So for a compact camera kit I think the GH series have attractions. But on lenses I would question using a 4/3 lens on an adapter over getting the correct m4/3 lens as the beauty of the system is the smaller lenses and camera, making it too big defeats the objective. I hear some people like using the adapters to allow the use of old manual focus lenses.

keith selmes
5 Jan 2011 - 1:37 PM


Quote: I would question using a 4/3 lens on an adapter over getting the correct m4/3 lens as the beauty of the system is the smaller lenses and camera

The zoom lens supplied with a GH1 is very clever as a point and shoot video lens, but relatively big and heavy.
Many old soviet lenses are much more compact and lightweight, and arguably give better still image quality.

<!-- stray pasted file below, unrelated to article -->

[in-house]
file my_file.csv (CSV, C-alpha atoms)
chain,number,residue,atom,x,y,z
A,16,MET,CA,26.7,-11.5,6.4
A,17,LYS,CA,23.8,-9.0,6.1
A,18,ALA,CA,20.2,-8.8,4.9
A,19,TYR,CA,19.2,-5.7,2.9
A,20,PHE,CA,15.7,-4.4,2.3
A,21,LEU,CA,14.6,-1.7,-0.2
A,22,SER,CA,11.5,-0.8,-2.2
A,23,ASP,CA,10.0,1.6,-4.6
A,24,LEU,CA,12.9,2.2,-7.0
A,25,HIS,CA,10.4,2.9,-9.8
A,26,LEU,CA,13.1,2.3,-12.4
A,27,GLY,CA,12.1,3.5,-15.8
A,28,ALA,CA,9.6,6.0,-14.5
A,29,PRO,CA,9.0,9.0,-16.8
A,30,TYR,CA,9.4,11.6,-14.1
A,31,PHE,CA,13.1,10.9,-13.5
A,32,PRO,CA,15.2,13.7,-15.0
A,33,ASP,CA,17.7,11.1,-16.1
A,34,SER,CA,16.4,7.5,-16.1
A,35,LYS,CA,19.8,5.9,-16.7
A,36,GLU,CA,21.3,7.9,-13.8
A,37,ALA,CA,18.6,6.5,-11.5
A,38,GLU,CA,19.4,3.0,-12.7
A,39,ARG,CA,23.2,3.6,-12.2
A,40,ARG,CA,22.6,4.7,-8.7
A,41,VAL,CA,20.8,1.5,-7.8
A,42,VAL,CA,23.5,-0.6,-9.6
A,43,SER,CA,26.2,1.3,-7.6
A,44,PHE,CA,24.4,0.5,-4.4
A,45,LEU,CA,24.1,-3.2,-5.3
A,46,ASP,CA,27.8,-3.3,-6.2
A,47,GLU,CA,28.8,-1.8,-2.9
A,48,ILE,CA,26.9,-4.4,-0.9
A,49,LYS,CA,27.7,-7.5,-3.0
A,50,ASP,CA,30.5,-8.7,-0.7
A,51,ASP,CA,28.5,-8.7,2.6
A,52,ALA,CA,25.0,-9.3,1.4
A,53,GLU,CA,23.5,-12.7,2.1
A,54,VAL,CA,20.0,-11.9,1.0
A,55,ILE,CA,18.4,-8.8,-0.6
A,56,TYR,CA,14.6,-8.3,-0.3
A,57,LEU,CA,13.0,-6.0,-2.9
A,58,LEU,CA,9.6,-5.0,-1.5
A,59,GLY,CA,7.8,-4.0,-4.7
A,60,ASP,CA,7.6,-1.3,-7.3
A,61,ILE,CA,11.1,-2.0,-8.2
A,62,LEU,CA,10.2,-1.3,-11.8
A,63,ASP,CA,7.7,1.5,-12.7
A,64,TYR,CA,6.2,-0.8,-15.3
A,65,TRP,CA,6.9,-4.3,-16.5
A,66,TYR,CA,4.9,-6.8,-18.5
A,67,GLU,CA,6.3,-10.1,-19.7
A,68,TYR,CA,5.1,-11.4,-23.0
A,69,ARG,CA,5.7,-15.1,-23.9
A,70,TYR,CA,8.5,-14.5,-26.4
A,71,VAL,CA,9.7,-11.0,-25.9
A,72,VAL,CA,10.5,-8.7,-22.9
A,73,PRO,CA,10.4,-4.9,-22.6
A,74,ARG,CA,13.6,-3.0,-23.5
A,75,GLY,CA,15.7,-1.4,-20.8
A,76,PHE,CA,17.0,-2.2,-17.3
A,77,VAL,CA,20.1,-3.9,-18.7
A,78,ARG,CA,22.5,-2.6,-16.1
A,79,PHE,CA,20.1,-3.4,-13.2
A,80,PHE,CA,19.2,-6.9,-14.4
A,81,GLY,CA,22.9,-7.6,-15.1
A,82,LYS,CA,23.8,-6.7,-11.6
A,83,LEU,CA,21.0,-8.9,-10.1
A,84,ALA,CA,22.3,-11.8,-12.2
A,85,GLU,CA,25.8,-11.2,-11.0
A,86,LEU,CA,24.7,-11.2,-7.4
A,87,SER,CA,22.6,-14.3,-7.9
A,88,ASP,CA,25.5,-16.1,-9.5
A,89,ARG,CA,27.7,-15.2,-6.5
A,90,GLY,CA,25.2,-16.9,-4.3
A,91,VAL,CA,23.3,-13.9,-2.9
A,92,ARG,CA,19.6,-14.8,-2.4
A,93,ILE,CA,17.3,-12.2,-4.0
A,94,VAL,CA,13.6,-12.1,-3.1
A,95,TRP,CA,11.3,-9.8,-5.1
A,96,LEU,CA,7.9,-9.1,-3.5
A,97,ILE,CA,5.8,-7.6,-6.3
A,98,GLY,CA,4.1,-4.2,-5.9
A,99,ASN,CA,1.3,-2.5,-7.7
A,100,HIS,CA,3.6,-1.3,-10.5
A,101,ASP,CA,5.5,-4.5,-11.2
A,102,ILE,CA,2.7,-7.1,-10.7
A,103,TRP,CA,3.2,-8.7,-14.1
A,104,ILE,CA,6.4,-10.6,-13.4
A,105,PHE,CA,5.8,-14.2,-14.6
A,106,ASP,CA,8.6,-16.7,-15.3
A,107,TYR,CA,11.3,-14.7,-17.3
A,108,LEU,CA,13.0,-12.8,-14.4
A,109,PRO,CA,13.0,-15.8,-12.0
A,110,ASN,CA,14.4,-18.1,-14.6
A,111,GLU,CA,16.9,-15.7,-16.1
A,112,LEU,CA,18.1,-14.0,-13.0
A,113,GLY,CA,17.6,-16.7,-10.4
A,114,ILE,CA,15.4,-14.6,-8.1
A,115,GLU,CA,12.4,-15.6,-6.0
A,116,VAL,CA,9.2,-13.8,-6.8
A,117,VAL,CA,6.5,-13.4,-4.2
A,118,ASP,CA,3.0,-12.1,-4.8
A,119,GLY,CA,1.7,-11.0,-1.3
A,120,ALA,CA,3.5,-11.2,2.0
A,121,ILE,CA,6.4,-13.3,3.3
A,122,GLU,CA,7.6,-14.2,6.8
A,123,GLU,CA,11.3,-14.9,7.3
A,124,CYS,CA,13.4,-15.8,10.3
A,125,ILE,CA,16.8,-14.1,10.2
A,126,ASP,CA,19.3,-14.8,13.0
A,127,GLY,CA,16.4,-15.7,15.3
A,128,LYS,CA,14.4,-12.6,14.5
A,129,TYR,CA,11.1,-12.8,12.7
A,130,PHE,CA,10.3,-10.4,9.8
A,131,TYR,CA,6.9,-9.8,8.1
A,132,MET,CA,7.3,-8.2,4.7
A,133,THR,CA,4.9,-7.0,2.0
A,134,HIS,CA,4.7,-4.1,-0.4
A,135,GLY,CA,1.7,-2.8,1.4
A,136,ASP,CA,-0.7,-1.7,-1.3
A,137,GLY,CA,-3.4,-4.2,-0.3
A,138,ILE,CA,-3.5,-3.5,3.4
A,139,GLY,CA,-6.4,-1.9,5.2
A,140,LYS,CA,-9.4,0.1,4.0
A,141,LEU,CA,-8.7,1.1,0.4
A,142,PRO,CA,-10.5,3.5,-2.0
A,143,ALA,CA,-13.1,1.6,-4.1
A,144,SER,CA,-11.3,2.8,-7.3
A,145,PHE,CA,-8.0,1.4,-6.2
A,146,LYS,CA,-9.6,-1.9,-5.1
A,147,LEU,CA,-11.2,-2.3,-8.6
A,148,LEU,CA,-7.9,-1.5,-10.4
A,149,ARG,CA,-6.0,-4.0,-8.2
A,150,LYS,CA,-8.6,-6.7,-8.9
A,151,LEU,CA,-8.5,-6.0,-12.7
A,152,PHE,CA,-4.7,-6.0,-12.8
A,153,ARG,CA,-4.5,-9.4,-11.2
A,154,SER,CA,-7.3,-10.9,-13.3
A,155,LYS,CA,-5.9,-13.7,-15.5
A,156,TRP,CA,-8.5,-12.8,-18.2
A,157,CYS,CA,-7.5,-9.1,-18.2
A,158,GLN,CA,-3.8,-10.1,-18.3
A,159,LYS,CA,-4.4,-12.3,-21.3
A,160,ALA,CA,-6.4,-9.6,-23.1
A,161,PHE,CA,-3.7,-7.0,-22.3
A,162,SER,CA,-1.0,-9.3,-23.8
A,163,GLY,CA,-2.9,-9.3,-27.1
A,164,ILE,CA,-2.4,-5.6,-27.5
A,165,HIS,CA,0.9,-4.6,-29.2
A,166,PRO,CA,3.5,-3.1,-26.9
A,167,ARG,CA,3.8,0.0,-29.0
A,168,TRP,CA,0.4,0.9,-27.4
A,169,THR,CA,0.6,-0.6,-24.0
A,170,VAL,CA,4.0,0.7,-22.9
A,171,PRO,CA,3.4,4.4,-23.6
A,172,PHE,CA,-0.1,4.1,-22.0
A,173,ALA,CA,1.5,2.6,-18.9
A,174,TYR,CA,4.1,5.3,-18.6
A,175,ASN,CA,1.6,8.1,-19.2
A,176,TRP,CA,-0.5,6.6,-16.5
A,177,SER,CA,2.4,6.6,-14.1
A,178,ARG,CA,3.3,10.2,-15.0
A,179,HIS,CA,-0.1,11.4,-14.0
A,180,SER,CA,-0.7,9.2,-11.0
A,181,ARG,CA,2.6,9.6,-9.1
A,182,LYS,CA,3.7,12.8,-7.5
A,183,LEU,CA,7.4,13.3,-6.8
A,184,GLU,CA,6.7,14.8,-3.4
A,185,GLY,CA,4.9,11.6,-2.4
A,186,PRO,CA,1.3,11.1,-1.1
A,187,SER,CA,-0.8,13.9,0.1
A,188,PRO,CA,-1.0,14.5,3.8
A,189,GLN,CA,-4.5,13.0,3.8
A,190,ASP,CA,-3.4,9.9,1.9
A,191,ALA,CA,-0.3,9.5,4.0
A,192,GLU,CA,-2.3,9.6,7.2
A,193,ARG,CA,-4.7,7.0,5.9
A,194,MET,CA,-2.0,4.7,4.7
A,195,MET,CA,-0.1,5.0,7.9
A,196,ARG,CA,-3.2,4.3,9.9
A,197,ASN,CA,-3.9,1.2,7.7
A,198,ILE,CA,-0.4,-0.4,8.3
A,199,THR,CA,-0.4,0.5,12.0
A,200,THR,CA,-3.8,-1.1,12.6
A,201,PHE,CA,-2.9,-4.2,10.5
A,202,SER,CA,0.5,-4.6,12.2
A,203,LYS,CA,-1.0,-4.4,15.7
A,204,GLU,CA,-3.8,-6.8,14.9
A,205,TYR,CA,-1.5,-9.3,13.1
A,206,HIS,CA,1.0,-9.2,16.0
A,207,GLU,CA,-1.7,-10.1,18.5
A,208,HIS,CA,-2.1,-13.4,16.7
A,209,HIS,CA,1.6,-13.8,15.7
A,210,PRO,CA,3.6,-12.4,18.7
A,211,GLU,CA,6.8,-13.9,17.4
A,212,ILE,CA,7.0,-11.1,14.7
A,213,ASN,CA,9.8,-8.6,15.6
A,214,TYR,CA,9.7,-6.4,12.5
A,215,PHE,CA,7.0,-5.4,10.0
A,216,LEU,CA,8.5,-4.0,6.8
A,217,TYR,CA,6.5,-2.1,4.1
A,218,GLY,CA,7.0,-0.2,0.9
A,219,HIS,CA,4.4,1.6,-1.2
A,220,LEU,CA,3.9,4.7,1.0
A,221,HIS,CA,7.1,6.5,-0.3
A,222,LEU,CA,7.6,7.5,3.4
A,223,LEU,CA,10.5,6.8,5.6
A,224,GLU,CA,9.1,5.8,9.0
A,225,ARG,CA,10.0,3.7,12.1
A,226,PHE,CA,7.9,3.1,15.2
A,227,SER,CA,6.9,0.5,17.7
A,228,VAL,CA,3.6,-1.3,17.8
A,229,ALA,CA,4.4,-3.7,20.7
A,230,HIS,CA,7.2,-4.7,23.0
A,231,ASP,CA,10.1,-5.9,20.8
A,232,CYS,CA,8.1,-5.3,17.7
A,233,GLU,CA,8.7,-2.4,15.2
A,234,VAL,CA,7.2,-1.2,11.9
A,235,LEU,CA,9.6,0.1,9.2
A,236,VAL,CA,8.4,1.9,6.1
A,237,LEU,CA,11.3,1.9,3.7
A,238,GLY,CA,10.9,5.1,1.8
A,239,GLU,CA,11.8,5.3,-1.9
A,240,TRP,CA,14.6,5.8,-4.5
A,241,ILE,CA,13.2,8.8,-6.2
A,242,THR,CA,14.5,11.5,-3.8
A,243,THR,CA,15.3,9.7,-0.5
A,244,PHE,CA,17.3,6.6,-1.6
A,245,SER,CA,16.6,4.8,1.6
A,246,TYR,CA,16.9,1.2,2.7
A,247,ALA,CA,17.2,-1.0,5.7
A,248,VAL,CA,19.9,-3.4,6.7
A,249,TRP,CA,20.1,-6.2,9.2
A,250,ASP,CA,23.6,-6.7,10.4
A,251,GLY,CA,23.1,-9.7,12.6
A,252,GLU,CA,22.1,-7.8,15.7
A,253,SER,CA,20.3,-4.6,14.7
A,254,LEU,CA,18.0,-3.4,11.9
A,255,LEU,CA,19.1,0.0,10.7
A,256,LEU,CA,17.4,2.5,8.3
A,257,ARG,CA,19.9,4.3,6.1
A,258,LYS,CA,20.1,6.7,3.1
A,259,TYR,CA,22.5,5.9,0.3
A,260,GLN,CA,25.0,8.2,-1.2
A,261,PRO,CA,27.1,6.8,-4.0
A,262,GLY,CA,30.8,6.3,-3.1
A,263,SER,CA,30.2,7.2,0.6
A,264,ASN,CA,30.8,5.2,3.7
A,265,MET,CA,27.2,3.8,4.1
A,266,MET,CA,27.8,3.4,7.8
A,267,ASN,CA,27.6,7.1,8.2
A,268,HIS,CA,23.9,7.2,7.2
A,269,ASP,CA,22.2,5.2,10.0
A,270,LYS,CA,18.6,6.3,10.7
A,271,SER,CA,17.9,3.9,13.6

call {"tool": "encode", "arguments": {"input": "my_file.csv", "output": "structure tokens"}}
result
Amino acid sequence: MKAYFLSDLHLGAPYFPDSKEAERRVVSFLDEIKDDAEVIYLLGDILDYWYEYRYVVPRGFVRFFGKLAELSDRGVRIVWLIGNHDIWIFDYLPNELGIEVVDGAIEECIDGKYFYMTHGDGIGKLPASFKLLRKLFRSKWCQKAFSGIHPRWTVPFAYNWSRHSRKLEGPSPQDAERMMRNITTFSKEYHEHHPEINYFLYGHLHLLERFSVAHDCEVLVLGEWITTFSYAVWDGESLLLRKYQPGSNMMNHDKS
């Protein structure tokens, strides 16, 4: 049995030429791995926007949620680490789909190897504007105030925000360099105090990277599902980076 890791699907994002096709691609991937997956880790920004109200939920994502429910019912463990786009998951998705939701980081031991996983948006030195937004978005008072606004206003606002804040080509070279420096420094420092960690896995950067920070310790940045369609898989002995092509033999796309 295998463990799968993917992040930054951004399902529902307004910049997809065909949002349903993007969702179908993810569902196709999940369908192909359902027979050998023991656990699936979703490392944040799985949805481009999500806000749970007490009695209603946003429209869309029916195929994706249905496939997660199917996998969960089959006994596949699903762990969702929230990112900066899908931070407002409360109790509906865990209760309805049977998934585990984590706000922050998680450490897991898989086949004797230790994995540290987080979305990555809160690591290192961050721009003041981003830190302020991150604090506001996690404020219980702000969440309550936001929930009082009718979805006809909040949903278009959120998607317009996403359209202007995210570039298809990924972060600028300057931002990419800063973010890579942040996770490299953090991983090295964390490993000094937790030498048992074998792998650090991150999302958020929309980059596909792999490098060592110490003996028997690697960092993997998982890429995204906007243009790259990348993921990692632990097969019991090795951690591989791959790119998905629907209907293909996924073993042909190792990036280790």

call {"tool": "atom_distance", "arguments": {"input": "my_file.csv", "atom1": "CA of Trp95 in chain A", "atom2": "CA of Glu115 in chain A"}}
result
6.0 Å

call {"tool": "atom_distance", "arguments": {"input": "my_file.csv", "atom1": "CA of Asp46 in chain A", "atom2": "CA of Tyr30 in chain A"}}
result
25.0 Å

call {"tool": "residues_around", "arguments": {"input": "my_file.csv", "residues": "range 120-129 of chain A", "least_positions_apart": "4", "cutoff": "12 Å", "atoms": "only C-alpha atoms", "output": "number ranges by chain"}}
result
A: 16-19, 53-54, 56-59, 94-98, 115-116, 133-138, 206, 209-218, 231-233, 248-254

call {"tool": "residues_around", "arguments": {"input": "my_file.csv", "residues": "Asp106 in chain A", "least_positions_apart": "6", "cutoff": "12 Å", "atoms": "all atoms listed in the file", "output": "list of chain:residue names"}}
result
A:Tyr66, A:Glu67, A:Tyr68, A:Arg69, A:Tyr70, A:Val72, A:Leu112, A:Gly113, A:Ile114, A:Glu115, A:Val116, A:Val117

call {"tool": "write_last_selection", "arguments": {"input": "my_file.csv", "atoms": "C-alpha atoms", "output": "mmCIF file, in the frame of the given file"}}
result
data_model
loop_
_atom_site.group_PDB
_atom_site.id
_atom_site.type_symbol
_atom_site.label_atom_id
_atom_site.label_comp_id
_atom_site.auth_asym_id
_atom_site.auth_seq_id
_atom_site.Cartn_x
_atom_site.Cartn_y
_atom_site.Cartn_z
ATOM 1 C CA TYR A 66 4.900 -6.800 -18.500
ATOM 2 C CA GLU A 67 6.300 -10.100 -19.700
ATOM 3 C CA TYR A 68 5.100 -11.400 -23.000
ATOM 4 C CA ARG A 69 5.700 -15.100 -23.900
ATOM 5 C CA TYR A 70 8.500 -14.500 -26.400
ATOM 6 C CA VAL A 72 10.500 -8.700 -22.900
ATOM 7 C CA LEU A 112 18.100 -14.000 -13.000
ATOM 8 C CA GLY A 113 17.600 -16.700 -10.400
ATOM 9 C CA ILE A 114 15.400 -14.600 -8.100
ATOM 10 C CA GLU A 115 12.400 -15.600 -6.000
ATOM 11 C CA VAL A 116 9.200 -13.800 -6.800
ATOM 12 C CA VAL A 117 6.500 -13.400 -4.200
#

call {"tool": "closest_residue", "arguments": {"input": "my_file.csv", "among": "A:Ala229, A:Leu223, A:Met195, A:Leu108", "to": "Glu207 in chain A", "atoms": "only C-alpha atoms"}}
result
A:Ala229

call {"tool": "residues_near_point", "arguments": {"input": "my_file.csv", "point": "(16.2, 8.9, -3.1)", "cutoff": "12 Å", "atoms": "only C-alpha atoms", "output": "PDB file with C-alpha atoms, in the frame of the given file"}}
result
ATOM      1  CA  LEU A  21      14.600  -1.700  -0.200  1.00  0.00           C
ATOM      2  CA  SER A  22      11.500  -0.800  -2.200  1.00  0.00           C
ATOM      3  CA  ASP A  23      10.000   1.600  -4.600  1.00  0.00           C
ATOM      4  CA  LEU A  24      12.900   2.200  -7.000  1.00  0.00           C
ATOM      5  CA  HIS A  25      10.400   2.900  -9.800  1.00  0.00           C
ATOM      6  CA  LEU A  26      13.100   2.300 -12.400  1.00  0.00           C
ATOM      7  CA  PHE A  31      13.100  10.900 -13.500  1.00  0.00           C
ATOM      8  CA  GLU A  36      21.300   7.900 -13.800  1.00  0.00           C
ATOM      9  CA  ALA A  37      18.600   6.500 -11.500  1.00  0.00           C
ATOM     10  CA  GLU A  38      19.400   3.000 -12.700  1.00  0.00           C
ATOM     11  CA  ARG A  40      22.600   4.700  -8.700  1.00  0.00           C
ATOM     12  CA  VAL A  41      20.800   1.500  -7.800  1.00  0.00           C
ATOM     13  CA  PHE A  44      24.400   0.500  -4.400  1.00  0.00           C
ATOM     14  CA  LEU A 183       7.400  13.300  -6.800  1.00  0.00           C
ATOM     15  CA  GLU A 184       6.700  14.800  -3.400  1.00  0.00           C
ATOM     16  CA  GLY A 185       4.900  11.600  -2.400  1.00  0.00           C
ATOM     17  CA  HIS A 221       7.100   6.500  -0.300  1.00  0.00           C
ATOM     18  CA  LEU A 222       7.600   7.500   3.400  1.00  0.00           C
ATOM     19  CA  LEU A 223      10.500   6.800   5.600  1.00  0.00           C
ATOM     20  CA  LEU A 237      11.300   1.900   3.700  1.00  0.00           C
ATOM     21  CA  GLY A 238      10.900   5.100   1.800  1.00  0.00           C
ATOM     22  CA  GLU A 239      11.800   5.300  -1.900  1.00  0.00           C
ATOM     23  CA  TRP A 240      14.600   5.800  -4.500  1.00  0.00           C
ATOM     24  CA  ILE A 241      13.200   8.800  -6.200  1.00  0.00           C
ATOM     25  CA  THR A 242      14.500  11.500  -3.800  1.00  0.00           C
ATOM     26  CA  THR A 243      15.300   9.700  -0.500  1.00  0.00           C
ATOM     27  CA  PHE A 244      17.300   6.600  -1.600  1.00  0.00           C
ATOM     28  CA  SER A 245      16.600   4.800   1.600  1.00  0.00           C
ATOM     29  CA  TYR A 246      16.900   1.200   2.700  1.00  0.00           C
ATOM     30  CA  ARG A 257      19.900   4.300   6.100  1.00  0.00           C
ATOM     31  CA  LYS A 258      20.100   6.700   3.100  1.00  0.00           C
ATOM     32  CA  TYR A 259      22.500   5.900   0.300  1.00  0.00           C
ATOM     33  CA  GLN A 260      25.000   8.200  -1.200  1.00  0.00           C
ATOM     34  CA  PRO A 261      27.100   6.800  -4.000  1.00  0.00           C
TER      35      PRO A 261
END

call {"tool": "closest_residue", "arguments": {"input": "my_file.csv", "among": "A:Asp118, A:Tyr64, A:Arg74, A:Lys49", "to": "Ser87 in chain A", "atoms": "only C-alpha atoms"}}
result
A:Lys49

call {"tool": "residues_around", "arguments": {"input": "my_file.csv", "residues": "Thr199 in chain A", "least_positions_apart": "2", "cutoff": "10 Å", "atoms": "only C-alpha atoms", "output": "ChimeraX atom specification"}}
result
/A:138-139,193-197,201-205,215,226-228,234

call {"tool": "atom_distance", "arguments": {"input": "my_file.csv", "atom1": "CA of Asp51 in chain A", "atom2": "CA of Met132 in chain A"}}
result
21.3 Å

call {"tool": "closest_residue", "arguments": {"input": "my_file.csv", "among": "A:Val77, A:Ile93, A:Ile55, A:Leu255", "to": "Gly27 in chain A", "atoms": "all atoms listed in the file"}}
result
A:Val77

There are also cctv and 16mm tv lenses which are compact and light, they may not always cover the sensor, but are often very usable.
Many of these lenses are also amazingly cheap. If you get a used G1 body only, they're a wery cost effective choice.
I haven't tried the very popular FD lenses, which presumably are SLR size and weight, but even those would make sense from this point of view.

The other practical reason for adapting, aside from the aesthetic experiment, is if you use another camera system, and share lenses.
For example, using a Leica film camera, the M43 camera offers a digital option without carrying two sets of lenses.
Using manual lenses with a DSLR, the GH1 gives a back up body and a decent video option, again without any extra lenses.
They're light enough to use a second body without really noticing.